dale said, “I was losing my mind there,

going daff.”

us nine liminal men were

finished with

a ten hour drive

through east Germany

through the hopeless night

finally to end the drive

at the only open hotel in Belgium

our bodies were stiff

but our souls we’re hungry

joy from not being in the sprinter

made us parade about

we had a fresh air about us and

while unpacking the luggage

we caught word

that the Belgian hotel

had an open courtyard

and a full bar

and it was still open

we unpacked with urgency,

like that of a midnight swimmer,

submerged in a cold New England lake,

with a direct line of vision

on simply

getting the hell out

it smelled of mud and freshly lit cigarettes

it smelled of friends and the hope of laughter

the night’s lodging looked to be

an old elementary school,

now converted to a quirky hotel

us men,

all sporting big duffle bags slung around our shoulders

and healthy 22oz German beers in our hands

exhausted, yet exuberant 

opened the front doors

and were finally home

once again

somewhere we knew not


little ragamuffins and hooligans roamed

these school’s halls many years before

and now

grown ones do


we tossed our bags in our bunkhouse

plopped on our choice mattresses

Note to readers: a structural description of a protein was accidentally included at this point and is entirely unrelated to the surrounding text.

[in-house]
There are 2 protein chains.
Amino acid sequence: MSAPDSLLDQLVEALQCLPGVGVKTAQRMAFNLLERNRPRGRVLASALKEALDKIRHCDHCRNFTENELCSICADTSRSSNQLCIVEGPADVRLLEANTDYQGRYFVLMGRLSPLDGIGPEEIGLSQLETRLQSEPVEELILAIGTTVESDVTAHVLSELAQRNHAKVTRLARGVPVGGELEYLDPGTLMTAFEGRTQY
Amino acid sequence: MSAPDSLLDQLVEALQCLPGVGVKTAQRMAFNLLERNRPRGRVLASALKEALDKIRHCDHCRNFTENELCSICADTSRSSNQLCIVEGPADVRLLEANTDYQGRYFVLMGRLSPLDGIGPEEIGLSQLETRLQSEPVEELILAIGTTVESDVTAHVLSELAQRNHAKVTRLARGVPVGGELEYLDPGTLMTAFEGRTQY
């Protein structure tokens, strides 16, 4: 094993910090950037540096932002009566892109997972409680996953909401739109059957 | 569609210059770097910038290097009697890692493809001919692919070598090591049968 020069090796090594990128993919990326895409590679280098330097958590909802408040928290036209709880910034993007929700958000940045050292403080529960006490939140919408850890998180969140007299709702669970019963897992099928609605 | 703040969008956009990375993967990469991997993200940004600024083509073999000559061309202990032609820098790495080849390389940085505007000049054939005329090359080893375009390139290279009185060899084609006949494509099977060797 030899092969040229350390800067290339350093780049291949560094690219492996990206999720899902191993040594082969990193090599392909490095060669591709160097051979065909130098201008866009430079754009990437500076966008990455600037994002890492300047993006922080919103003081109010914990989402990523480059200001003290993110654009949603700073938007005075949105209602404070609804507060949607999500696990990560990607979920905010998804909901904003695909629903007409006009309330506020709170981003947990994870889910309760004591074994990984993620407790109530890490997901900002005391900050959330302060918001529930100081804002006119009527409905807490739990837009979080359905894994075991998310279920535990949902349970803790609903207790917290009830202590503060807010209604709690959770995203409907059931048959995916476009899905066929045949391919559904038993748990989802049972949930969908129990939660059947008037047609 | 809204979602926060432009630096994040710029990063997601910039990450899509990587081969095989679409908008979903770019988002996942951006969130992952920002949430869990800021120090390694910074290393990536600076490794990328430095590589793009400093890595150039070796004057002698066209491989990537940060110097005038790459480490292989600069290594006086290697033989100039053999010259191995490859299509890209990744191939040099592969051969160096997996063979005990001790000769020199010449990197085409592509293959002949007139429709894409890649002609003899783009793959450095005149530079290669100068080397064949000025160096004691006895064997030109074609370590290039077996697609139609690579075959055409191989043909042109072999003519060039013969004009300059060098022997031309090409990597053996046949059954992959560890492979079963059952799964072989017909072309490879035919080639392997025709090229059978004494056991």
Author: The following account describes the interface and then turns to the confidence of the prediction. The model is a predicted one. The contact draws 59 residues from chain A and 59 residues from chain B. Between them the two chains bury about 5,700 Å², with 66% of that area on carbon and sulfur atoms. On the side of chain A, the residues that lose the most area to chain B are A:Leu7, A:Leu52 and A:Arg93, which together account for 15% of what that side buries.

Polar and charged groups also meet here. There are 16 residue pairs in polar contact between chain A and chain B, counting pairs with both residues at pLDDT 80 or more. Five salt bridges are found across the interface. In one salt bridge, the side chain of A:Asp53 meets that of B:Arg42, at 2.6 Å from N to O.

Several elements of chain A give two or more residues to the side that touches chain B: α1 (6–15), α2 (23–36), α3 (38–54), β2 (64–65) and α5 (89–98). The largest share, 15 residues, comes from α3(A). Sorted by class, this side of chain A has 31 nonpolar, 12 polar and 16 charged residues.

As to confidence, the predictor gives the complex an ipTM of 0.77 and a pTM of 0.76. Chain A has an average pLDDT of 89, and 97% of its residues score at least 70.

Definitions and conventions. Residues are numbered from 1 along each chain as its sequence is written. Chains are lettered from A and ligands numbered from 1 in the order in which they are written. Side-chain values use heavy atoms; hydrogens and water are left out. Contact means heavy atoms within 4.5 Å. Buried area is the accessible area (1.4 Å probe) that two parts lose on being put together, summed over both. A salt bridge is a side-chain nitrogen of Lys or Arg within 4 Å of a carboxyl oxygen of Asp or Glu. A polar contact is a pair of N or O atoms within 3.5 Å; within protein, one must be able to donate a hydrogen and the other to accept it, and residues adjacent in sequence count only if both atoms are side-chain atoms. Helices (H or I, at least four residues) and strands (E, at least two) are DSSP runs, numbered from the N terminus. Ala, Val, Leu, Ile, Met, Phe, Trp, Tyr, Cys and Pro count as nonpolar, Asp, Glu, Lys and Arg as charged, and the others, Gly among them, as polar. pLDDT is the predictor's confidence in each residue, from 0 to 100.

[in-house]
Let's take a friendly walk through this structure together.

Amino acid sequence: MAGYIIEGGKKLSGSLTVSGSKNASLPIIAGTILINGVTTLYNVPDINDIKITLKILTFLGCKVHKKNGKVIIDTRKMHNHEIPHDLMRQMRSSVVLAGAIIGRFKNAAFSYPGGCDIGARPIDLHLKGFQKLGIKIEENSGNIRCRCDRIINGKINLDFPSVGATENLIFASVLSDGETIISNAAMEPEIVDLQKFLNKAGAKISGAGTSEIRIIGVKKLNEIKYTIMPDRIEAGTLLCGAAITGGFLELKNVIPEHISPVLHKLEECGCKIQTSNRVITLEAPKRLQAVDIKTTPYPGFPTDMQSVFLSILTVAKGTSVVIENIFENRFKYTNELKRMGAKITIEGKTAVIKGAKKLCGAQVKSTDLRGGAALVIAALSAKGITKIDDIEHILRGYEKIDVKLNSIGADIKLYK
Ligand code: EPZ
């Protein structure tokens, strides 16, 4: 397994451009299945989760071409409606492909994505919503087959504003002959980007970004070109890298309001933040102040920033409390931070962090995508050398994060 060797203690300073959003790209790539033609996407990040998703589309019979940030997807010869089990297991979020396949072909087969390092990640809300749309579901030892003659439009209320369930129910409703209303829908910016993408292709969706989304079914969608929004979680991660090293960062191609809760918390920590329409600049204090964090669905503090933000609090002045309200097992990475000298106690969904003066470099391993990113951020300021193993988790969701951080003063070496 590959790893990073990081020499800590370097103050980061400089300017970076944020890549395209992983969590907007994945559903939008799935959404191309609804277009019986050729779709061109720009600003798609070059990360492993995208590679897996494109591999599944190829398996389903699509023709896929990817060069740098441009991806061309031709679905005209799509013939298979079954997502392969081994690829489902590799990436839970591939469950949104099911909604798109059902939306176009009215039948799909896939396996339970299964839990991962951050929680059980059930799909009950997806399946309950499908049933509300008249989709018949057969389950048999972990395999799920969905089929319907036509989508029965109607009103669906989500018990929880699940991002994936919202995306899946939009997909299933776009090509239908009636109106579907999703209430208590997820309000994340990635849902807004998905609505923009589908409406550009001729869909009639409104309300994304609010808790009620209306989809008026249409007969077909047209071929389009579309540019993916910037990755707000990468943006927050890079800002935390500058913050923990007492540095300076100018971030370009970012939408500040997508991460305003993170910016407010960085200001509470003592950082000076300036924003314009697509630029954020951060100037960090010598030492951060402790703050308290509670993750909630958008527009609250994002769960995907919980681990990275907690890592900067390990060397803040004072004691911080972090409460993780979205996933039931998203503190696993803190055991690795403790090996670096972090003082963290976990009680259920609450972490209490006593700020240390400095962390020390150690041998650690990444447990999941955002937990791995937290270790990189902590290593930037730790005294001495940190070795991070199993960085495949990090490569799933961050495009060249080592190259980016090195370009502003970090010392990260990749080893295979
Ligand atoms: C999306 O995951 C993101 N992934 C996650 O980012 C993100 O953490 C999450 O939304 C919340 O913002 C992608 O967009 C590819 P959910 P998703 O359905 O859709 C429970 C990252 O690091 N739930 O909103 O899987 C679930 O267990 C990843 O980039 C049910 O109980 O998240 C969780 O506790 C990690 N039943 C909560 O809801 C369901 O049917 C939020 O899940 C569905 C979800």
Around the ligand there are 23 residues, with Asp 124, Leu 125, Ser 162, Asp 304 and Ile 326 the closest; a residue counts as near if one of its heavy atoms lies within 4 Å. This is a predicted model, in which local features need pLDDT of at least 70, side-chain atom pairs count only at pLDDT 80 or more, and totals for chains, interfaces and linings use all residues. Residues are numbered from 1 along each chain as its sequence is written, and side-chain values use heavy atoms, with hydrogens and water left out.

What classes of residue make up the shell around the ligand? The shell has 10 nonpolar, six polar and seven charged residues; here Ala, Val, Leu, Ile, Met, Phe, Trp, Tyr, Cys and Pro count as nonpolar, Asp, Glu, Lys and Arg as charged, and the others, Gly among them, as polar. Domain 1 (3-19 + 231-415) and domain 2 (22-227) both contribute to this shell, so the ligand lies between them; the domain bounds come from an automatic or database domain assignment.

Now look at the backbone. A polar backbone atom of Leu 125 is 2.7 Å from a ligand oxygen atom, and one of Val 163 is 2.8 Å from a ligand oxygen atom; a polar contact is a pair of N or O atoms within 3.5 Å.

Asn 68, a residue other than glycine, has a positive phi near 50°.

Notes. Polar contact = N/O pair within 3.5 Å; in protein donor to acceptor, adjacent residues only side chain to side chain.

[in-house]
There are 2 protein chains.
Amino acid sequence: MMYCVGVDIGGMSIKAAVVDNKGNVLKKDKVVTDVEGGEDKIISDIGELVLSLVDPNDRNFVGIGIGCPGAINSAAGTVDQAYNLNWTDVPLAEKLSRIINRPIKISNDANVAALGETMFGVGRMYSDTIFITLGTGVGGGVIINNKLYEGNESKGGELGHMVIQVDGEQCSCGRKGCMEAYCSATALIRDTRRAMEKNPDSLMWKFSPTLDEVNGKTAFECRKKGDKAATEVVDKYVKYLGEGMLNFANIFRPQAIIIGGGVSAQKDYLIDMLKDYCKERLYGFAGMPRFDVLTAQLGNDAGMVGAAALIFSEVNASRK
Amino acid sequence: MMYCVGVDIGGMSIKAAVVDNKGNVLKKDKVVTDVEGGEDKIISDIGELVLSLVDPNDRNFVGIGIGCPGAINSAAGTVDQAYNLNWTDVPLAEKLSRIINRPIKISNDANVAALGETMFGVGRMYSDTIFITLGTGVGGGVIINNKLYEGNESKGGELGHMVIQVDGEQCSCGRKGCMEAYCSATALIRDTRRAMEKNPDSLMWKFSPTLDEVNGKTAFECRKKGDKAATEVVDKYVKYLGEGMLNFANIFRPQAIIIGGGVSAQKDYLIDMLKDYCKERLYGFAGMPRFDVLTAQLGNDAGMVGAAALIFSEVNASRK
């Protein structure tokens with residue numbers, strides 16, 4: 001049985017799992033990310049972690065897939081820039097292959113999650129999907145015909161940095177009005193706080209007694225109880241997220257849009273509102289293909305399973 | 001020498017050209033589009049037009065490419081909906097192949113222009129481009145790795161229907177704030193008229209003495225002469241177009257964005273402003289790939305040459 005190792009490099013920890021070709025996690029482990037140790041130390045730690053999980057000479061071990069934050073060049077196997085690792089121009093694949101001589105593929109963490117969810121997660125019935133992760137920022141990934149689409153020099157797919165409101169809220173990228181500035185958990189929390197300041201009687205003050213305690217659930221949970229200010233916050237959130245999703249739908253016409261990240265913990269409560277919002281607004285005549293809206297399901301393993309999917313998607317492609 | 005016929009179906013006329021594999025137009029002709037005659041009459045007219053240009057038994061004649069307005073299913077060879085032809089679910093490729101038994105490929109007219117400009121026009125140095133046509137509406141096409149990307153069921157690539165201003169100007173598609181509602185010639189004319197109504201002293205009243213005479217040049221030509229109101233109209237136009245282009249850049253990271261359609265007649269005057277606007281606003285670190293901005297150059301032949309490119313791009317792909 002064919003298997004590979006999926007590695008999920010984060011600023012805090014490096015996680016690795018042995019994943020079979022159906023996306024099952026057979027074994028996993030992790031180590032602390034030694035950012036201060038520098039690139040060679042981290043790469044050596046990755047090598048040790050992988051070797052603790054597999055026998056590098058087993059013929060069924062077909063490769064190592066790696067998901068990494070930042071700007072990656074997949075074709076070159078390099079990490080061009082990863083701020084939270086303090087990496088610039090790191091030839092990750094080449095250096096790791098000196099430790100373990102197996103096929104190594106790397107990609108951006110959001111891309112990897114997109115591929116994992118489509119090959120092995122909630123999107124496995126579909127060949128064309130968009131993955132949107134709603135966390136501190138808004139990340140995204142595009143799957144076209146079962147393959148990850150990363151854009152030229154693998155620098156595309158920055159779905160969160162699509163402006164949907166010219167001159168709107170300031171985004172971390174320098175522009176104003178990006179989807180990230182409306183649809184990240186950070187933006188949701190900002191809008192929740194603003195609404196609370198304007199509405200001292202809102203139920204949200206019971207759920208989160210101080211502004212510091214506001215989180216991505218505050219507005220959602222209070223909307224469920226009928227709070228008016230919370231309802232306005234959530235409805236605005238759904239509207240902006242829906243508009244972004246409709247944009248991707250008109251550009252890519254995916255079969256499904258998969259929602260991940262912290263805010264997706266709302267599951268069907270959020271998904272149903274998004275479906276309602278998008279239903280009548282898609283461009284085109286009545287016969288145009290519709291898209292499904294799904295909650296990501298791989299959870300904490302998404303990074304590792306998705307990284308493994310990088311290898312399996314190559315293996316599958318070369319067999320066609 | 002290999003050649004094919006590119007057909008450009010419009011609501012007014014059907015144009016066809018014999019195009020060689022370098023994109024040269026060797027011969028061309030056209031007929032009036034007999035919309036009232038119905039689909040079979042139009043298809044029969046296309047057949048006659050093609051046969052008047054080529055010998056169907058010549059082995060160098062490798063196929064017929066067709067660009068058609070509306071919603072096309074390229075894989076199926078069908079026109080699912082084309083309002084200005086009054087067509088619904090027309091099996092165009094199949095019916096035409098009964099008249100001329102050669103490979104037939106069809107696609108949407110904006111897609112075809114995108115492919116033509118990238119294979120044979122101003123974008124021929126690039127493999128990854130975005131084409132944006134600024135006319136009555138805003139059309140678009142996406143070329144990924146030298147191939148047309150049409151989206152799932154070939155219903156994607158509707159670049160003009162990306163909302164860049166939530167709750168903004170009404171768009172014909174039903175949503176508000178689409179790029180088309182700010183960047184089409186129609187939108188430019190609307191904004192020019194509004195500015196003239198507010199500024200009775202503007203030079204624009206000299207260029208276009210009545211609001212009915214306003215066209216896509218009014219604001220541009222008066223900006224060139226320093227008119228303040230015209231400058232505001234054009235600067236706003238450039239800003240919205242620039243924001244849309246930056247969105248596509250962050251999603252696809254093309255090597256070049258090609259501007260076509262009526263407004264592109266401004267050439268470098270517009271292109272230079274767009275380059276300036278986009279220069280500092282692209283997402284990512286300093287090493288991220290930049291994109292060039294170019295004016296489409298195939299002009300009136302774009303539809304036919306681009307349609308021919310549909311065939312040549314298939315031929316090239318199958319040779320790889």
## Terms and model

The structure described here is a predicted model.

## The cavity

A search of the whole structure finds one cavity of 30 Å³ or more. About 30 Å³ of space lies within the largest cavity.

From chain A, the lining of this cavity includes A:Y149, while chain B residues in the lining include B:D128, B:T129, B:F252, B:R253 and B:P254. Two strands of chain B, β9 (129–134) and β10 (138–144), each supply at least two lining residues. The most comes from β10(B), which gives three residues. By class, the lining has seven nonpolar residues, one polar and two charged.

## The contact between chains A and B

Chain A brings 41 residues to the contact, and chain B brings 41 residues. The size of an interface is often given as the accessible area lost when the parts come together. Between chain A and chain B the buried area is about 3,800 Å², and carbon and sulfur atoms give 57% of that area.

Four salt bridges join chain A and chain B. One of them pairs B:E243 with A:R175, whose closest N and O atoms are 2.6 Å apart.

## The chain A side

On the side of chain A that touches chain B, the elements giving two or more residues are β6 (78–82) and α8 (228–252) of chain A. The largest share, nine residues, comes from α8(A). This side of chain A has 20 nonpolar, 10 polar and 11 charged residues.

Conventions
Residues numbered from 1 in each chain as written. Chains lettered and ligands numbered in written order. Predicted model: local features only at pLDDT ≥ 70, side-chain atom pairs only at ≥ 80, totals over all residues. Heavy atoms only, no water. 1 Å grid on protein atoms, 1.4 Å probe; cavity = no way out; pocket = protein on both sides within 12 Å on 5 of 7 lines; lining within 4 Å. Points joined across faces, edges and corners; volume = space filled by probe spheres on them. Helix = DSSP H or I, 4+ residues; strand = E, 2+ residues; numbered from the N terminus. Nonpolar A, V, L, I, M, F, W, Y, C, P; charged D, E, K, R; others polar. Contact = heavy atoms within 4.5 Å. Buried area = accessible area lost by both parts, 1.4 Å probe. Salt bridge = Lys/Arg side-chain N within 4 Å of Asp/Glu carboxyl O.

the six bunks were bunked three high,

right up to the ceiling

half of us headed to the shower room

while the rest of us unpacked,

drank and laughed together

about nonsense

and about women

once the washed men were sorted

they met the waiting men in the hallway

and together we headed to the courtyard


a gift for us all

we found a party that was already in full crescendo

everyone dressed to the nines

men in suits that actually fit

and women in dresses that made them feel ten years younger

if it wasn’t a wedding reception

it was some sort of family reunion

I could tell that, because the

grandmothers and grandfathers




twirling and kissing


everyone cheered our entrance

as we walked through the orange bowed doorway

as if we were the matadors of the night

one of us was led by an older man at the party

to dance with a smiling slender woman in her early forties

she looked like a snake

as much as

she looked like a cat

she was long and sexy

with eyebrows that lifted sharp in the back


with bang-snap hips

and pillow case lips


we were all alive here


the music that played kept the earth on fire

it was a cross between gypsy music and, well,